New York Senate Passes Bill to End Retail Sale of Puppies, Kittens, Rabbits Statewide


Under a newly passed Senate bill, New York may join other states and hundreds of localities across the nation to ban the sale of puppies, kittens, and rabbits from retail pet stores.

On May 5, 2021, the New York State Senate approved S.1130, to shut down the puppy mill pipeline and end the retail sale of dogs, cats and rabbits in pet stores across the state. Sponsored by Senate Deputy Majority Leader Michael Gianaris (D-Queens), the bill is supported by leading animal welfare groups including the ASPCA® (The American Society for the Prevention of Cruelty to Animals®), the Humane Society of the United States (HSUS), New York State Animal Protection Federation (NYSAPF), Voters For Animal Rights (VFAR), Companion Animal Protection Society (CAPS), Animal Legal Defense Fund (ALDF), and the NYC Bar Association’s Animal Law Committee.

A companion bill (A.4283) was introduced in the Assembly by Assemblymember Linda B. Rosenthal (D/WF-Manhattan) and was recently approved by the Assembly Agriculture Committee.

It’s hard to imagine, when you see an adorable, healthy-looking puppy peering back at you through the glass of your local pet store, where that four-legged furball came from. The truth is, almost all puppies – 99% of them – sold in retail pet stores around the country are the product of puppy mills.

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Puppy mills are essentially a factory for pumping out the most amount of puppies, in the shortest amount of time, with minimal expense. Meaning, the breeders that run these puppy mills have their females in a constant cycle of pregnancy and birth. The dogs are given almost no medical care. Living conditions are deplorable. These dogs are usually found crammed into tiny cages with other dogs, standing and sleeping in feces and urine, their hair matted, skin painfully itchy from fleas or ticks, starving and malnourished. Many dogs are suffering from respiratory infections, blindness, joint issues, even life-threatening illnesses that are passed on to their puppies. Sometimes, these poor dogs are left for weeks in cages with fellow dogs that have died.

But the puppy mill’s only concern is profit. They don’t care for the health of their breeding stock. They don’t care for the health of the puppies that are produced. They don’t care where their puppies end up – as long as they make a profit.

“With so many good animals in need of rescue, there is no need for puppy mills that abuse animals to supply pet stores. Our four-legged companions should be treated with respect, not like commodities,” said Senate Deputy Leader Michael Gianaris. “I thank my colleagues for joining me in passing this important legislation and look forward to working with Assemblymember Rosenthal to get this bill over the finish line.”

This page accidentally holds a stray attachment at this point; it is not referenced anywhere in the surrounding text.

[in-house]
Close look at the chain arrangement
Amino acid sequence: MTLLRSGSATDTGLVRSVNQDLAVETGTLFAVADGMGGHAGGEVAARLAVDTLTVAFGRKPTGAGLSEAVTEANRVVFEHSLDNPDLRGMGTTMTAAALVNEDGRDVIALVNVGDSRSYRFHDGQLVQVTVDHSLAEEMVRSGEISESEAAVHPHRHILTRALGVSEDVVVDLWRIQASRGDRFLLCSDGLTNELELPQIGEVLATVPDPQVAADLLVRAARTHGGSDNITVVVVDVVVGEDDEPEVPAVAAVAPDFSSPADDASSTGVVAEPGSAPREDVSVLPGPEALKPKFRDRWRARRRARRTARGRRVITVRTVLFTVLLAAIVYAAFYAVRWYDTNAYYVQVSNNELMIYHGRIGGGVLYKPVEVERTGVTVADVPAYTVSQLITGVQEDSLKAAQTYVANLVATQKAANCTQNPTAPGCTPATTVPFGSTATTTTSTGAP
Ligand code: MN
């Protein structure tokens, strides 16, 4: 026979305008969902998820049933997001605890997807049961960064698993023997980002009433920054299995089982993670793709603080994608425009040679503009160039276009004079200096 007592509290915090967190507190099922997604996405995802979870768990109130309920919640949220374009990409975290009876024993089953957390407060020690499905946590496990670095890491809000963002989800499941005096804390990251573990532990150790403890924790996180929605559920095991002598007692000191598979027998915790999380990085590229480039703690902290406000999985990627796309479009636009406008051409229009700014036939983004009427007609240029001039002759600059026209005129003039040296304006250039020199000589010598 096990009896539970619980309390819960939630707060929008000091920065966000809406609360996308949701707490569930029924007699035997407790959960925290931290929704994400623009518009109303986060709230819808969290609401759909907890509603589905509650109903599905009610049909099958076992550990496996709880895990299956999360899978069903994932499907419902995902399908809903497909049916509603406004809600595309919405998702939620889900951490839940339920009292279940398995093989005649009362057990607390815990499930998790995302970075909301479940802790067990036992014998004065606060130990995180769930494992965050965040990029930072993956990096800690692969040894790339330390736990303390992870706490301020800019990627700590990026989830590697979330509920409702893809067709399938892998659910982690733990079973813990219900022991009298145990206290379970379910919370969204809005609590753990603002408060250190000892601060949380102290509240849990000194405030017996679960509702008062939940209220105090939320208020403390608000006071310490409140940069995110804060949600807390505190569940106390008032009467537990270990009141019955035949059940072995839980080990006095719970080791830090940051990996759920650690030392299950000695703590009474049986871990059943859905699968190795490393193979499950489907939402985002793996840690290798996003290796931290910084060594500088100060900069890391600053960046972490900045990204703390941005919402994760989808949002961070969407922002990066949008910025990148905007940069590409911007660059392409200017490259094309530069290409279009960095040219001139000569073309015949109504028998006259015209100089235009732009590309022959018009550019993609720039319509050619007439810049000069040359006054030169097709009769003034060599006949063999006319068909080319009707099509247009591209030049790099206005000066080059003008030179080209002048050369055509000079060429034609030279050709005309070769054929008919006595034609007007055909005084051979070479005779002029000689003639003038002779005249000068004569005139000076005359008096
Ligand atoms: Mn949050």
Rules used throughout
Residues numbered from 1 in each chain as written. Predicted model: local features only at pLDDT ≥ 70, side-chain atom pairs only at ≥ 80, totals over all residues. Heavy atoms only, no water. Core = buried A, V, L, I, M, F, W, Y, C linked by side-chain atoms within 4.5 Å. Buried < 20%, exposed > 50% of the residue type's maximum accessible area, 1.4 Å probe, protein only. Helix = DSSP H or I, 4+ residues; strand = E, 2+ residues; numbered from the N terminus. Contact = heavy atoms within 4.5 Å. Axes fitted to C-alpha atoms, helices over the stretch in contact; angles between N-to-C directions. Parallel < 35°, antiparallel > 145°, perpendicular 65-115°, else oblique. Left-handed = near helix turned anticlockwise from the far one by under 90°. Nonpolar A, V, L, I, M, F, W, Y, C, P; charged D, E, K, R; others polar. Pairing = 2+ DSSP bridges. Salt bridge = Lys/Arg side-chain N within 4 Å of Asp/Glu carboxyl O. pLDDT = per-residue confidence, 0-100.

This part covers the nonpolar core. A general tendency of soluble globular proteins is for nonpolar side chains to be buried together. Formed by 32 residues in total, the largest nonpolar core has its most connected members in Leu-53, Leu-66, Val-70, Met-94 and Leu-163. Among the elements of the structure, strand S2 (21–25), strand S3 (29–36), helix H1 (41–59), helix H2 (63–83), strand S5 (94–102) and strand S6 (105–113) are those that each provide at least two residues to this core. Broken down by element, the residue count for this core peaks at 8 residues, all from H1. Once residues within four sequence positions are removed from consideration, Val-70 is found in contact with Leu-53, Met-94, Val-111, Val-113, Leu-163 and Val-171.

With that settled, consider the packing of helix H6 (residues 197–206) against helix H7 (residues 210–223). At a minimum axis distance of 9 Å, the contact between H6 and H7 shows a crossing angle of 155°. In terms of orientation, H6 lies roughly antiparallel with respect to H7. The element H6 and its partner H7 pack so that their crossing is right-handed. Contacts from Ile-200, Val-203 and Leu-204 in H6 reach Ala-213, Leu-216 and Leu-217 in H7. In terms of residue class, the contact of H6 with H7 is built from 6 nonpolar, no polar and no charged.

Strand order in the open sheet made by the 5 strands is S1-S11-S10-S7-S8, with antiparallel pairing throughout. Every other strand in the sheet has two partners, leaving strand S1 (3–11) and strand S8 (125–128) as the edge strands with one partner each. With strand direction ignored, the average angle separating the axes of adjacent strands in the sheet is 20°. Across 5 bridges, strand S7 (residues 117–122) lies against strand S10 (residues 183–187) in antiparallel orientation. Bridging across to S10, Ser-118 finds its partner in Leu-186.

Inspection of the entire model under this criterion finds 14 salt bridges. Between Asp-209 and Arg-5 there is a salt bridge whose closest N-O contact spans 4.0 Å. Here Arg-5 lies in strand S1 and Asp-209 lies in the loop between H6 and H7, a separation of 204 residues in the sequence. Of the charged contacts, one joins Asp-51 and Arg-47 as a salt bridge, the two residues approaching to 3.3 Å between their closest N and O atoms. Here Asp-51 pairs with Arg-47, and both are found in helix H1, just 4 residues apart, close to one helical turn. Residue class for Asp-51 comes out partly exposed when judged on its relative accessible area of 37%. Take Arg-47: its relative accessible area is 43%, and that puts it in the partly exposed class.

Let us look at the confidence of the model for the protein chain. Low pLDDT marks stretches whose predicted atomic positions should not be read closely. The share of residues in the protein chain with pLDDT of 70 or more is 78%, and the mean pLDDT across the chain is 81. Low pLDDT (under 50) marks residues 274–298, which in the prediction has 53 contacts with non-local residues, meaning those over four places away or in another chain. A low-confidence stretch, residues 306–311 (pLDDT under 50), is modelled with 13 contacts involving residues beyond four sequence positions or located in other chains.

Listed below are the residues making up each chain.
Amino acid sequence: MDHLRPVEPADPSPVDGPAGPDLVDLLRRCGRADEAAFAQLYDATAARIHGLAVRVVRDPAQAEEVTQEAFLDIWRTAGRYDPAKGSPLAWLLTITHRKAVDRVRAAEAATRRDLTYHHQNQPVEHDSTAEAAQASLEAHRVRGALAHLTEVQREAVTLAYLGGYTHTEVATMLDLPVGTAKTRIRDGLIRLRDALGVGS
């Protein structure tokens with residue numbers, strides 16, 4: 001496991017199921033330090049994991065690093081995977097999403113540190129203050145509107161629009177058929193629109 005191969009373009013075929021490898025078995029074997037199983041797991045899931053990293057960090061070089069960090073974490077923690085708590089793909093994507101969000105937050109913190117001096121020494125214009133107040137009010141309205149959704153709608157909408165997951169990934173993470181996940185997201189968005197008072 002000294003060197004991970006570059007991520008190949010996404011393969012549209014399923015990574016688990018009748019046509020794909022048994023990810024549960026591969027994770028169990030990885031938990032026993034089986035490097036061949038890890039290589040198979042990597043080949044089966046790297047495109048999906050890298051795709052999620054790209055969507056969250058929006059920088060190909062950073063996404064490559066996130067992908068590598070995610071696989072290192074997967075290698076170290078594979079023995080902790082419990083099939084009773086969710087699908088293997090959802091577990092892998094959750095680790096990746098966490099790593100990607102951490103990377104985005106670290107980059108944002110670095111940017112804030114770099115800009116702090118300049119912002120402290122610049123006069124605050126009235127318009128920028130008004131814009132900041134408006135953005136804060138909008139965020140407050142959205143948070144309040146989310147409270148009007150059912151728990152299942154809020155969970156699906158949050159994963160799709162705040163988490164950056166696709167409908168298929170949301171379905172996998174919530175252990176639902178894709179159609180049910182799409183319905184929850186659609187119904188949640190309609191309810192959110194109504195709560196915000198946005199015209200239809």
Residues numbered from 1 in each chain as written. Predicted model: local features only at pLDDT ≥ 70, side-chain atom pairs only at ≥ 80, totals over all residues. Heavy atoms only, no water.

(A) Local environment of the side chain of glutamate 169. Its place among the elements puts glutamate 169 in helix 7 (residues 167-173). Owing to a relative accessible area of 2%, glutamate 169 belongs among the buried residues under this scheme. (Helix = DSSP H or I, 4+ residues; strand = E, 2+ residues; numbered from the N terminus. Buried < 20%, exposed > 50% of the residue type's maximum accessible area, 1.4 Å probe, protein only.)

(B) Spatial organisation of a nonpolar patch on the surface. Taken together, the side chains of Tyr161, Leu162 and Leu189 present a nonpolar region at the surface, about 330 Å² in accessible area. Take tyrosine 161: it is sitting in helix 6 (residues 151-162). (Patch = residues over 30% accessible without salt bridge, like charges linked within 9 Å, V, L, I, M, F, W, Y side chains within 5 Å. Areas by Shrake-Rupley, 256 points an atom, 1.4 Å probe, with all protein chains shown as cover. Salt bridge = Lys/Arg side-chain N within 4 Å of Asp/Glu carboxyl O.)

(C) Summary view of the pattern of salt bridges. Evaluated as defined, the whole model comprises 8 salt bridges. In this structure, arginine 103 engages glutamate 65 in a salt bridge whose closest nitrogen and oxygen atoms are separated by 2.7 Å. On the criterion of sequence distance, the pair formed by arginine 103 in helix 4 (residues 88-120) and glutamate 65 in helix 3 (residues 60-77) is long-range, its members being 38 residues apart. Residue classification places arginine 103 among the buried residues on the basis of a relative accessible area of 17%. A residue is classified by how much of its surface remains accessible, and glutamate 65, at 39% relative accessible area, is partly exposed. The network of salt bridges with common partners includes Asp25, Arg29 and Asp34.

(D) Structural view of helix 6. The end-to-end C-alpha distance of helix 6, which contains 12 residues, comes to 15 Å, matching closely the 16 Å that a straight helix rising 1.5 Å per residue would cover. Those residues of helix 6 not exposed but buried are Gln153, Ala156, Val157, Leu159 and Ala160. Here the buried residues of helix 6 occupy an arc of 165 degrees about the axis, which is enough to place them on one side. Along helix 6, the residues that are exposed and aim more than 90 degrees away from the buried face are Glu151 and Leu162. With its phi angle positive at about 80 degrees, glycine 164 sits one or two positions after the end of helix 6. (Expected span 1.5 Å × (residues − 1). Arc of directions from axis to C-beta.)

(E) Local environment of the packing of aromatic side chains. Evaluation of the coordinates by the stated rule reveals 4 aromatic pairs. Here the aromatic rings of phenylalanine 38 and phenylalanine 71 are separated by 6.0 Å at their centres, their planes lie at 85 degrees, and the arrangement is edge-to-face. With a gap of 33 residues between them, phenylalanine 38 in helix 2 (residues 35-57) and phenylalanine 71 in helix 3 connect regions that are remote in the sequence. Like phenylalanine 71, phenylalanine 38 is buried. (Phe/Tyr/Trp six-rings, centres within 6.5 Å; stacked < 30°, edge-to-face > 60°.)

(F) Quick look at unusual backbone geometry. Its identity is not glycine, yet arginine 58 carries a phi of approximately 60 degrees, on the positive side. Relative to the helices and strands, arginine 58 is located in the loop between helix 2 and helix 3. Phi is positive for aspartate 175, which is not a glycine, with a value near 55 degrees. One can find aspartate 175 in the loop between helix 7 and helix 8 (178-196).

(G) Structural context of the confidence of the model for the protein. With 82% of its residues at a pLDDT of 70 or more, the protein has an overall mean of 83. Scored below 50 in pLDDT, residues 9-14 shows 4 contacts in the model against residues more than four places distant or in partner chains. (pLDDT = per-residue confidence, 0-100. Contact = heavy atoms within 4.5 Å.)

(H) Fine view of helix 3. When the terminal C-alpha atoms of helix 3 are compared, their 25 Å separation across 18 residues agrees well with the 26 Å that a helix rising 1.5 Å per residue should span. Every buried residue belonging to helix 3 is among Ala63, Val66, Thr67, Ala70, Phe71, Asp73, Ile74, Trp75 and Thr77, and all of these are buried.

“We can seize this moment to save countless animals from suffering by cutting off the puppy mill-to-pet store pipeline once and for all,” said Assemblymember Linda B. Rosenthal (D/WF-Manhattan), Chair of the Social Services Committee. “Preventing the sale of dogs, cats and rabbits in pet stores won’t just protect animals, it will also save customers the great heartache and expense that comes with falling in love with an animal that is destined by its breeding to become irreparably sick. My colleagues in the New York State Assembly have a long and proud record of standing up for defenseless animals. I, along with the hundreds of thousands of animal lovers in this State, are waiting to end the puppy mill-to-pet store pipeline by passing bill A.4283.”

Right now, there are thousands of puppies for sale in New York pet stores. Puppies sold in pet stores typically come from commercial breeding operations known as “puppy mills” that are designed to prioritize profit over the well-being of the animals. Dogs in these facilities are often kept in wire crates without adequate shelter, veterinary care, food or socialization. As a result, many of them suffer severe health and behavioral issues – and families are often unprepared for the financial loss and heartbreak that come with buying a sick puppy.

With passage in the Senate, the bill must now be approved by the Assembly, where it is currently before the Assembly Codes Committee for consideration. If the bill is approved in that house, New York will join other states and hundreds of localities in taking a strong stand against puppy mill cruelty.





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